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Timeline Arnhem (Operation Market Garden) 17 September 1944 – 25 September 1944

While the 6th British Airborne Division fought in Normandy the 1st Airborne Division was on constant stand-by for further airborne operations. There were 16 cancellations before 17 September when they flew to Arnhem during Operation Market Garden.

1st Allied Airborne Corps, which included the American 82nd and 101st Airborne Divisions, was tasked to secure the main canal and river crossings between Eindhoven and Arnhem. The aim was to provide an ‘airborne carpet’ along which the ground forces spearheaded by 30 Corps would break into the Ruhr and end the war.

The 1st British Airborne Division, which included the 1st, 2nd, 3rd, 10th, 11th and 156th battalions of The Parachute Regiment under the command of Major General R E Urquhart was dropped near Arnhem to seize the road bridge over the Neder Rijn. 

Due to insufficient aircraft to fly the division complete, the Air-Landing Brigade had to be used to protect the drop zones and landing zones for the second lift, leaving only the three battalions of the 1st Parachute Brigade to secure the bridge.

Despite the initial surprise the lightly equipped parachutists were soon encountering unexpectedly heavy German resistance, because elements of the II SS Panzer Corps happened to be refitting in and around the Arnhem area. Only the 2nd Parachute Battalion commanded by Lt Col J D Frost and elements of the Royal Engineers squadron and Recce Company reached the bridge and secured the northern end. They were soon cut off.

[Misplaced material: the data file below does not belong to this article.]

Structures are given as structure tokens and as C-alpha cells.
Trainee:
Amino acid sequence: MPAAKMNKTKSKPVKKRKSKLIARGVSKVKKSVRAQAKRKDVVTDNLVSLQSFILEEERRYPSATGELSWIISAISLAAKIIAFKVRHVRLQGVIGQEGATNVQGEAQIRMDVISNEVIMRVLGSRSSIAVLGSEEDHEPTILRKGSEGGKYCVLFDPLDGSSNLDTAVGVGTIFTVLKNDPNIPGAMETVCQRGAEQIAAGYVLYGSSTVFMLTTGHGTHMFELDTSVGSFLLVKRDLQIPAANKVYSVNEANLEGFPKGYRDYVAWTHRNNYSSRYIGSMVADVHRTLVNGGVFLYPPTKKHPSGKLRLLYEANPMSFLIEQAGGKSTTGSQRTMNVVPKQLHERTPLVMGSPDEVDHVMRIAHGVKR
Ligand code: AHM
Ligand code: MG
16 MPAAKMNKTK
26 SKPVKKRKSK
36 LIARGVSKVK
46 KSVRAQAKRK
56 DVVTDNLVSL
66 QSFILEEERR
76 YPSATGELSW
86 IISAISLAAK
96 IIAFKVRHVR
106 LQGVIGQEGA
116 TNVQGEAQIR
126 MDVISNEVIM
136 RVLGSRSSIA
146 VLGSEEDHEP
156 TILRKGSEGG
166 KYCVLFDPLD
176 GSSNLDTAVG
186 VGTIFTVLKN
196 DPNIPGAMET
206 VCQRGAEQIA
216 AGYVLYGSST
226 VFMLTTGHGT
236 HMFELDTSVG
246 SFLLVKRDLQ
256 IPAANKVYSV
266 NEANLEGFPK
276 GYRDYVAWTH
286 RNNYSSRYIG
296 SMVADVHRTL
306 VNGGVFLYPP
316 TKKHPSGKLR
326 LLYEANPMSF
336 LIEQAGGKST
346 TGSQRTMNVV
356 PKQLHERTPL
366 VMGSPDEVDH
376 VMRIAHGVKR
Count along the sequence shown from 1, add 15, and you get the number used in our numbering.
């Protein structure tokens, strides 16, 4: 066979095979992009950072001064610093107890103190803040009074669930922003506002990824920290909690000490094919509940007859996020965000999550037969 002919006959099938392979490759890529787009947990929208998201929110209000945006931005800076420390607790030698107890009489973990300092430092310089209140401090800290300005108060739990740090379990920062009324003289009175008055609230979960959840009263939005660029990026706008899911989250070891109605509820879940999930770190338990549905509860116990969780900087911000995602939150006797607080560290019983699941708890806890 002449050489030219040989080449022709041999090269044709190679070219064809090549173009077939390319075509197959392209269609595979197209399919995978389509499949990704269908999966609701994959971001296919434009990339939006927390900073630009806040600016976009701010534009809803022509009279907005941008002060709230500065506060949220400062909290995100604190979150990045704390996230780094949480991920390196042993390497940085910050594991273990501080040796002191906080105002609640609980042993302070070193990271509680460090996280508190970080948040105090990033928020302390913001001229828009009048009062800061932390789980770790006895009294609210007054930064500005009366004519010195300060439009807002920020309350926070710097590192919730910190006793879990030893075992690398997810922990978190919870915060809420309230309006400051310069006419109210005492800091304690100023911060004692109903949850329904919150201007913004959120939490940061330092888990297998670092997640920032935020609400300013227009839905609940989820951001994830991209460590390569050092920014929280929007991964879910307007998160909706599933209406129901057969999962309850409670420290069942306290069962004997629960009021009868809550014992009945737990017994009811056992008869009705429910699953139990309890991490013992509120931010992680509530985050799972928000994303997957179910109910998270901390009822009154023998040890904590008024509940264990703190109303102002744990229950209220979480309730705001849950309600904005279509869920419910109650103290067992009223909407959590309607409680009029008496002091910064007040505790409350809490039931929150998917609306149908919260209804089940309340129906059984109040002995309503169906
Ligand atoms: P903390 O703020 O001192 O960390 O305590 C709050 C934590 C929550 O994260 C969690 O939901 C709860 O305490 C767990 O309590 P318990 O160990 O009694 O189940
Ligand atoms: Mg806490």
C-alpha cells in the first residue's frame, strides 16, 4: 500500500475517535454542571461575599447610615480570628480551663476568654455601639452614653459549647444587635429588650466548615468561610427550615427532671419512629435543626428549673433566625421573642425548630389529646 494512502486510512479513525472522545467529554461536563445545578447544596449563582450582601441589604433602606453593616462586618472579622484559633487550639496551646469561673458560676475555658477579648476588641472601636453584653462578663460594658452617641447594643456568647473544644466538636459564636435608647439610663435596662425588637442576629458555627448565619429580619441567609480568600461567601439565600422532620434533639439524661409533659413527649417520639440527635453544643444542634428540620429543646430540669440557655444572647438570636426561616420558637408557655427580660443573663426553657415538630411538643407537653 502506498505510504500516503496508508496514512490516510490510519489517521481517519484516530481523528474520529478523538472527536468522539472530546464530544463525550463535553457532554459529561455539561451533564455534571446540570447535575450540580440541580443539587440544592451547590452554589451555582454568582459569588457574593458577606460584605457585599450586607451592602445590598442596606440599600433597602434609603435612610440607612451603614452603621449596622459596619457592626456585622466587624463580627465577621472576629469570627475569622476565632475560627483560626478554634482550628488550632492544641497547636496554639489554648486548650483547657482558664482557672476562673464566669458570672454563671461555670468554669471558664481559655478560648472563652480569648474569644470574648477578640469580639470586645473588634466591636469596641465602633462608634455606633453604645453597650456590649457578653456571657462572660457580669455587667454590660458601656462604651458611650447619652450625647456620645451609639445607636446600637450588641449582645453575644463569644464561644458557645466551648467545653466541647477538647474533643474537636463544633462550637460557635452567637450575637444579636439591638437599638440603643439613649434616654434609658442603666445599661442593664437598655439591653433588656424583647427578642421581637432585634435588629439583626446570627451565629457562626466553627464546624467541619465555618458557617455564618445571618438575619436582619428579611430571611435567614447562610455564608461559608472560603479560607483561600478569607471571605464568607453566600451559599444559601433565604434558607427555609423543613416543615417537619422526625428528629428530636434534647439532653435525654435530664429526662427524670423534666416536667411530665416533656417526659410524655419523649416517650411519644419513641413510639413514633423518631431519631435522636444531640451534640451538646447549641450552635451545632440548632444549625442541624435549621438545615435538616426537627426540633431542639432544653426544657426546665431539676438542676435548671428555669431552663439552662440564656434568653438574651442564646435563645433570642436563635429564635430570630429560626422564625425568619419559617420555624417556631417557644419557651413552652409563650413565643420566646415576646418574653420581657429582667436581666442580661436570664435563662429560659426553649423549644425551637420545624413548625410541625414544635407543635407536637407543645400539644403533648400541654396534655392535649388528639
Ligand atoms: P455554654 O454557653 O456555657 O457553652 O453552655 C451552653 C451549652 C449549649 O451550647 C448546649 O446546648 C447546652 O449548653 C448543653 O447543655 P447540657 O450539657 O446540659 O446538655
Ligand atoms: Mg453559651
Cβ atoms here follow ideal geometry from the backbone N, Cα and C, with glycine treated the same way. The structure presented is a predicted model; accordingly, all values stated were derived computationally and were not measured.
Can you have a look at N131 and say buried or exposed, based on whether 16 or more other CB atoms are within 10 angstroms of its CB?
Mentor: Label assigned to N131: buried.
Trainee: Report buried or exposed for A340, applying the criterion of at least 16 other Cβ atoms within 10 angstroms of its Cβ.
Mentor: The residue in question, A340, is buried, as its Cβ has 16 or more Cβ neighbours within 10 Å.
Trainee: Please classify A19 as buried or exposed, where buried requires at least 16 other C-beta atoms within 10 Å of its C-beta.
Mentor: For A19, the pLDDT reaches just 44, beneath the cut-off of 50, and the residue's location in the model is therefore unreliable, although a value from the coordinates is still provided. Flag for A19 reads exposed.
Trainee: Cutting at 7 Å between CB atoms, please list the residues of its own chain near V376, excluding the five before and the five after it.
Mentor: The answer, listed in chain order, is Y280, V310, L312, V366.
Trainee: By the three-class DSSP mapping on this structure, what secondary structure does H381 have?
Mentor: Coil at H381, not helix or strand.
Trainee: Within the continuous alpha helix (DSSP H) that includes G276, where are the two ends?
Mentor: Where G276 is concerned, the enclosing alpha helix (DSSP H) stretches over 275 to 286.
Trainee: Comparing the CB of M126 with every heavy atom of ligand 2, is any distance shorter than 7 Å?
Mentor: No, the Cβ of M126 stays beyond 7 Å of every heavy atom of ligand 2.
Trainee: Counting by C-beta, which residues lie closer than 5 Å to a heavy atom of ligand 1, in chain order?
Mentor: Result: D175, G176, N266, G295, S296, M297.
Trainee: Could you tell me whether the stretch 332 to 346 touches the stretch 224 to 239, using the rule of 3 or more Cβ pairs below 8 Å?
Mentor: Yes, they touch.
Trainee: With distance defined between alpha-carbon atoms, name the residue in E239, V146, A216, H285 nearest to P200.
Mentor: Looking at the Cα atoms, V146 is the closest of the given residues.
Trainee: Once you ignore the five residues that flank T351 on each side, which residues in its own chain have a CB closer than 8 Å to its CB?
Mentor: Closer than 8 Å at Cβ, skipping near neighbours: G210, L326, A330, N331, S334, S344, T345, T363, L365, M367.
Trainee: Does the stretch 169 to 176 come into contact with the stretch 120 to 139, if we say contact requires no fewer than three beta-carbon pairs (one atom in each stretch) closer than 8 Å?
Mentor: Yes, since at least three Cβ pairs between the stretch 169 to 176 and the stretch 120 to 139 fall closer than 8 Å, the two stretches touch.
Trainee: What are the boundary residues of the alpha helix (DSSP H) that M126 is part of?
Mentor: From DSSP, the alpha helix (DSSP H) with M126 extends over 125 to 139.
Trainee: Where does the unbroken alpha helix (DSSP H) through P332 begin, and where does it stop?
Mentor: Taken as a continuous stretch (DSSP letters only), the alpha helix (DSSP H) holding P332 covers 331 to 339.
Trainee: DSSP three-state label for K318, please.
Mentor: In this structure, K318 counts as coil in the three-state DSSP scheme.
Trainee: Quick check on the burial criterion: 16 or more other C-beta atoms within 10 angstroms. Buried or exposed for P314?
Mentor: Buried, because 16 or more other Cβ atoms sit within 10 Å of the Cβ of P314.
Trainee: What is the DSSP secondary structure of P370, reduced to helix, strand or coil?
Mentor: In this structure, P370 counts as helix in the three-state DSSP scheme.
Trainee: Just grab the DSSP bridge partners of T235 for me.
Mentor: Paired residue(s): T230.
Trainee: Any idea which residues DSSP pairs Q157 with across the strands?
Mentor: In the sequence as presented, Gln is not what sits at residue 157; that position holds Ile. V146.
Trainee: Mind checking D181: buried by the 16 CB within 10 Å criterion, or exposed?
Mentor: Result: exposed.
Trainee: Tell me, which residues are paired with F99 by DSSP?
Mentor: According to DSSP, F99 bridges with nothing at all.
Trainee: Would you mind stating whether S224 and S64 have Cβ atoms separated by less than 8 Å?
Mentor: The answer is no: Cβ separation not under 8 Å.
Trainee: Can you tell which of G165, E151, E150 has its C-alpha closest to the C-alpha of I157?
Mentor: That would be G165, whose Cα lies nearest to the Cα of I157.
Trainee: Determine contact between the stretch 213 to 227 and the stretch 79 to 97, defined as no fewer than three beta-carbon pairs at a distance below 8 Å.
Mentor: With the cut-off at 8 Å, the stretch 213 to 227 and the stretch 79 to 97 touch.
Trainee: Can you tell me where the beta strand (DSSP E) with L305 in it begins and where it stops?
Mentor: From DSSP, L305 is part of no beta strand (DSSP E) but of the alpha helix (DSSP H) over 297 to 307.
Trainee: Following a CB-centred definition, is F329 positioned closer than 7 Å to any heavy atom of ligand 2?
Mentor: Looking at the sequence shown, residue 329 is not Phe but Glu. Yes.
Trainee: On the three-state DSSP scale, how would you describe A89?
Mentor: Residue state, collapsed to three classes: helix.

Though under constant attack by armour and infantry the Arnhem bridge was held for three days and four nights. The division task had been to hold for 48 hours until relieved by ground forces.

Meanwhile, the rest of the division, depleted by its attempts to fight through to reinforce at the bridge, were compressed into a small perimeter across the river at Oosterbeek. They held on against overwhelming odds for nine days until ordered to withdraw across the river during the night of 25/26 September.

Of the 10,095 all ranks that landed, fewer than 3,000 got out across the river. The ground forces failed to link up and the bid to end the war in 1944 failed.

Five Victoria Crosses were won during the battle, two by members of The Parachute Regiment.

Battle Honour conferred:

Arnhem 1944

by Paradata Editor

Personal Accounts of the Battle of Arnhem

Please click here to read personal accounts of the Arnhem Campaign.

Find out more about Personal Accounts of the Battle of Arnhem

by Wendy George

Other Arnhem articles

Find out more about Other Arnhem articles

by ParaData Editor

2nd (Oban) Airlanding Anti-Tank Battery, Royal Artillery, War Diary by Lt E H Ellis.

This report is based on the experiences of Lt E.H. Ellis, R.A. [H-Troop], the only officer of the Battery to return from the airborne party of the operation, and on info collected by him from Other Ranks who took part in the operation.

Find out more about 2nd (Oban) Airlanding Anti-Tank Battery, Royal Artillery, War Diary by Lt E H Ellis.

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